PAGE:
Members of Congress, state lawmakers and gun lobbyists expect you to be numb.
They expect you to feel helpless after this past week's shooting at a high school in Parkland, Florida.
They expect you to get consumed by the daily grind and non-stop scandal and forget about the 17 killed there.
They expect you to accept that any semblance of meaningful gun control -- even bolstered background checks -- are dead on arrival.
They expect you to embrace their fear-mongering about Muslims and Mexicans, while white U.S.-born men continue laying waste at schools, churches, concerts and nightclubs.
They expect you to ignore that mass shootings like these are, almost universally, an American phenomenon.
They expect you to believe their vacuous claims about "mental health," as if Americans are the only people who struggle with it.
They expect you to look the other way when they de-fund mental health treatment programs.
They expect you to ignore that a single type of firearm, the AR-15 and its clones, is the common thread in these tragedies.
They expect you to rally around the interests of the gun lobby.
They expect you to close off any outside debate and cling to an expansive, unsupported view of the Second Amendment to the U.S. Constitution.
They expect you to rant on Facebook, but prove too disengaged to show up at the polls on Election Day.
They expect you to value access to assault rifles over the lives of other Americans.
They expect you to grow enraged when a friend or relative questions whether weapons of war have any place in society.
They expect you to ignore their fecklessness when they mention possible reforms and then do nothing, which was the case after last year's massacre in Las Vegas.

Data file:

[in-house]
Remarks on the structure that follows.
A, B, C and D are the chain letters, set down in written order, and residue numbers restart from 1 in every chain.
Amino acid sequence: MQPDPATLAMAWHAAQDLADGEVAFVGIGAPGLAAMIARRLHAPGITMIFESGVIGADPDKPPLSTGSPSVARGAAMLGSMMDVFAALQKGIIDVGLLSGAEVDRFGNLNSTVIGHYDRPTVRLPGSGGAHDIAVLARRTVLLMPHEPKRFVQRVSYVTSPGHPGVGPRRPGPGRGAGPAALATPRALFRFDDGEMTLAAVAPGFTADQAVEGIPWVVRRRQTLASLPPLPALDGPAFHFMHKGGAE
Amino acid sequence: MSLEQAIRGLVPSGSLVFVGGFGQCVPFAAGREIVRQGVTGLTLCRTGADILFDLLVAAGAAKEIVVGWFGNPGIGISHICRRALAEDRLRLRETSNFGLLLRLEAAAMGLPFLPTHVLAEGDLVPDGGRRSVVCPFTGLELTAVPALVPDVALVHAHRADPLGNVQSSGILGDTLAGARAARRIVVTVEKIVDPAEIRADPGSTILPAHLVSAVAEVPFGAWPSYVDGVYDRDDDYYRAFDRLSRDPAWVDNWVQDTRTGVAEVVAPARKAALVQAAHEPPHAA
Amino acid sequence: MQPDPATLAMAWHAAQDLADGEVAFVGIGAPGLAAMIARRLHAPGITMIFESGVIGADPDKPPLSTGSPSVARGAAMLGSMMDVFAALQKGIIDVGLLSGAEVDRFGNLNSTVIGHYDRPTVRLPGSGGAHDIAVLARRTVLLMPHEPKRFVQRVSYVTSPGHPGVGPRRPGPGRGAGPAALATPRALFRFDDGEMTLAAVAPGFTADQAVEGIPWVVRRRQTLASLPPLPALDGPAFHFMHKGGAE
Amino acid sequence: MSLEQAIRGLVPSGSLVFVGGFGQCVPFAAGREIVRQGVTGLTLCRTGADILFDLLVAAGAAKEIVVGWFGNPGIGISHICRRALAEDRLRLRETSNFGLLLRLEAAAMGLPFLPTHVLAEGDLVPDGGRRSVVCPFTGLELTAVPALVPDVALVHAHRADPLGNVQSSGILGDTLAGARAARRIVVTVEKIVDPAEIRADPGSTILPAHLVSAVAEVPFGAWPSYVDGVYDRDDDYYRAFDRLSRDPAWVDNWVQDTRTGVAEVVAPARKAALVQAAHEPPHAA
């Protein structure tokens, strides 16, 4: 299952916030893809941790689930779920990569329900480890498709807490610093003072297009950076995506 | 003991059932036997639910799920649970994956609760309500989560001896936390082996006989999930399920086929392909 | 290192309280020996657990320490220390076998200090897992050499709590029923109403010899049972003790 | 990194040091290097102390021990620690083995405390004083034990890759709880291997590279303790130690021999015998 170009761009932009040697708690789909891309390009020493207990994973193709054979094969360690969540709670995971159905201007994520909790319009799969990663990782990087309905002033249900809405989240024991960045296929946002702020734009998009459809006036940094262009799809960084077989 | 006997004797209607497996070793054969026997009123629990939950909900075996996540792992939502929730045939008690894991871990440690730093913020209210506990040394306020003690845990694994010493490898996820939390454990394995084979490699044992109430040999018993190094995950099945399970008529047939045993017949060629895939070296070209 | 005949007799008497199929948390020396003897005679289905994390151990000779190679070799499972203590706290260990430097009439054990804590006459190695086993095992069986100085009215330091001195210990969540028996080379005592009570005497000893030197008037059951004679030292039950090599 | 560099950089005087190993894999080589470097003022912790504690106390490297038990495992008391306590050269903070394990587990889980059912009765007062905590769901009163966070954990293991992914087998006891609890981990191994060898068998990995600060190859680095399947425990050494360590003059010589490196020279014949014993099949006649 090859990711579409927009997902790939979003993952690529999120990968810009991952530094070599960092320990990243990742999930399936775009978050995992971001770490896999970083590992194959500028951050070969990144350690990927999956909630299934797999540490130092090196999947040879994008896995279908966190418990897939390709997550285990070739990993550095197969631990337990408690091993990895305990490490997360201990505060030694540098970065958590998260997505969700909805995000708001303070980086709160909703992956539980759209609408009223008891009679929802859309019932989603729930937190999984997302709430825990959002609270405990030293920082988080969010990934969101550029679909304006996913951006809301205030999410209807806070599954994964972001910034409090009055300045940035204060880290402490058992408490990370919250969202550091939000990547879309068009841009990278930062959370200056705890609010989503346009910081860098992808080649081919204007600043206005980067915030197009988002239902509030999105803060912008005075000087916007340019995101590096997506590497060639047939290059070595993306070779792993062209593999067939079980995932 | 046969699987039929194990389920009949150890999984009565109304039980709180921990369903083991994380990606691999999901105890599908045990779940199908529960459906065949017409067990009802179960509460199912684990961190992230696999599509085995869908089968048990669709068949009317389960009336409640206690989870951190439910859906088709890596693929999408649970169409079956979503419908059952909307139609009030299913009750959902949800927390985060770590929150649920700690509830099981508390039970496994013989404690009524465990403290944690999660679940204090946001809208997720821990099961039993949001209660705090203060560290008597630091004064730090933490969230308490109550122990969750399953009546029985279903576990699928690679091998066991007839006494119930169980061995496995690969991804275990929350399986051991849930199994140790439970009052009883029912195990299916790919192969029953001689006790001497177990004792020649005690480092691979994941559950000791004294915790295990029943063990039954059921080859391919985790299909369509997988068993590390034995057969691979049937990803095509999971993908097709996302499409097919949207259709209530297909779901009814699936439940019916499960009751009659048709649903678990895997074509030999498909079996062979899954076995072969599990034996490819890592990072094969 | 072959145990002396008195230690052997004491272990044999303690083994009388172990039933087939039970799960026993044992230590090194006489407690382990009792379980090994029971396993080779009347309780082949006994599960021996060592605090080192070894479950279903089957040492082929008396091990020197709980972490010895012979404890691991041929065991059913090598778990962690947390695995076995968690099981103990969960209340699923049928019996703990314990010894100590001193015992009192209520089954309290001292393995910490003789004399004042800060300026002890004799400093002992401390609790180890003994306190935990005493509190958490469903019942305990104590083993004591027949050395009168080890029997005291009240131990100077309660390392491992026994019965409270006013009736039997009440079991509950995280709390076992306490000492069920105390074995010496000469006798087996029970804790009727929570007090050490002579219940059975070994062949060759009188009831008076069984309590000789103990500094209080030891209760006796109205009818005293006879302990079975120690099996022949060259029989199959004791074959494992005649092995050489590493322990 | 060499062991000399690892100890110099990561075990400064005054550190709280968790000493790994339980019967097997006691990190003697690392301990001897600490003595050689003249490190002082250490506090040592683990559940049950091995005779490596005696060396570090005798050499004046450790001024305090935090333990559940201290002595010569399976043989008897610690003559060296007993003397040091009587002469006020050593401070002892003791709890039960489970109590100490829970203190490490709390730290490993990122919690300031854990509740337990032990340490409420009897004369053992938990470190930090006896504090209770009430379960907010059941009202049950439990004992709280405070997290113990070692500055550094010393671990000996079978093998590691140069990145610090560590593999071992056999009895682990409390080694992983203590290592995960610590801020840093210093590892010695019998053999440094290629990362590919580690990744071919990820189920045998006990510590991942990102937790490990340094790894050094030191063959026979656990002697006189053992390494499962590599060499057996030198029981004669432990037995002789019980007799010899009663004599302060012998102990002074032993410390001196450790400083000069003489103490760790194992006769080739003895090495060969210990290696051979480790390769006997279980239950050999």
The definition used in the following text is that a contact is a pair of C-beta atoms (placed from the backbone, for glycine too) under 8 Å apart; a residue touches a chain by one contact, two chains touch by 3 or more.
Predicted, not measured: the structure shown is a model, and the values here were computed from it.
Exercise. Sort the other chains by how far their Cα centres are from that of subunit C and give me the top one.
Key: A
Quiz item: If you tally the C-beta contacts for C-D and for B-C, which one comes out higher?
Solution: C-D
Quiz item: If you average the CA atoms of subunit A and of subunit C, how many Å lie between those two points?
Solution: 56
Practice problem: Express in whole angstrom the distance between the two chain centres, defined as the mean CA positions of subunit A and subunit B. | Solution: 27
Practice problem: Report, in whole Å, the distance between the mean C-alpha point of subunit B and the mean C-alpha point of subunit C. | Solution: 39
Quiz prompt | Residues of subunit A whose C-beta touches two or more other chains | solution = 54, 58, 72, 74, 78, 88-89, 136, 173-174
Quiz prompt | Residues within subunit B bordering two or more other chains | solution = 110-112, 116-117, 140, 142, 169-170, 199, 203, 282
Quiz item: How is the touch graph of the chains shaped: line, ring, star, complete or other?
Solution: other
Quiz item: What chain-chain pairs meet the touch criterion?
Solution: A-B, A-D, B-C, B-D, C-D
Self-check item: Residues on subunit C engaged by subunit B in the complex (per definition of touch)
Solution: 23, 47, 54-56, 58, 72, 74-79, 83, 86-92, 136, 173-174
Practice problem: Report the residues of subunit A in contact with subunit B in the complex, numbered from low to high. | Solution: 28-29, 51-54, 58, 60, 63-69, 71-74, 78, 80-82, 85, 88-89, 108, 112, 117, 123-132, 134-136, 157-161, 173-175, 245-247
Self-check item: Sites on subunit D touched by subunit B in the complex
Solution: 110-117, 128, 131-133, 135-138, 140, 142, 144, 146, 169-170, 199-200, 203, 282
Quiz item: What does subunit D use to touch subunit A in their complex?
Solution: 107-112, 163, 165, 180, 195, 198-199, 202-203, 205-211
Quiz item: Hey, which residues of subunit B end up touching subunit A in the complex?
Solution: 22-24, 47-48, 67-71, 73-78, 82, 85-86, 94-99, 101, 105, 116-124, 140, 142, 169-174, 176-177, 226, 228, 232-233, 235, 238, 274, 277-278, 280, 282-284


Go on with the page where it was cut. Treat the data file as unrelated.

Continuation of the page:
They expect you to respond with fear and demand even looser gun laws at your Statehouse.
They expect you to shrug when a system of government -- designed to solve problems -- is so paralyzed that it simply can't respond.
They expect you to believe that these kind of shootings are necessary sacrifices in a free society.
They expect you to consider "thoughts and prayers" an adequate response.
They expect you to get wrapped up in your own life and forget about the pile of bodies.
They expect you to sigh when, in a few weeks, this all happens again.
They expect the American people to share in their dysfunction and cowardice.
Those killed in Wednesday's mass shooting in Florida
Alyssa Alhadeff, 14 Scott Beigel, 35
Martin Duque Anguiano, 14 Nicholas Dworet, 17
Aaron Feis, 37 Jaime Guttenberg, 14
Chris Hixon, 49 Luke Hoyer, 15
Cara Loughran, 14 Gina Montalto, 14
Joaquin Oliver, 17 Alaina Petty, 14
Meadow Pollack, 18 Helena Ramsay, 17
Alex Schachter, 14 Carmen Schentrup, 16
Peter Wang, 15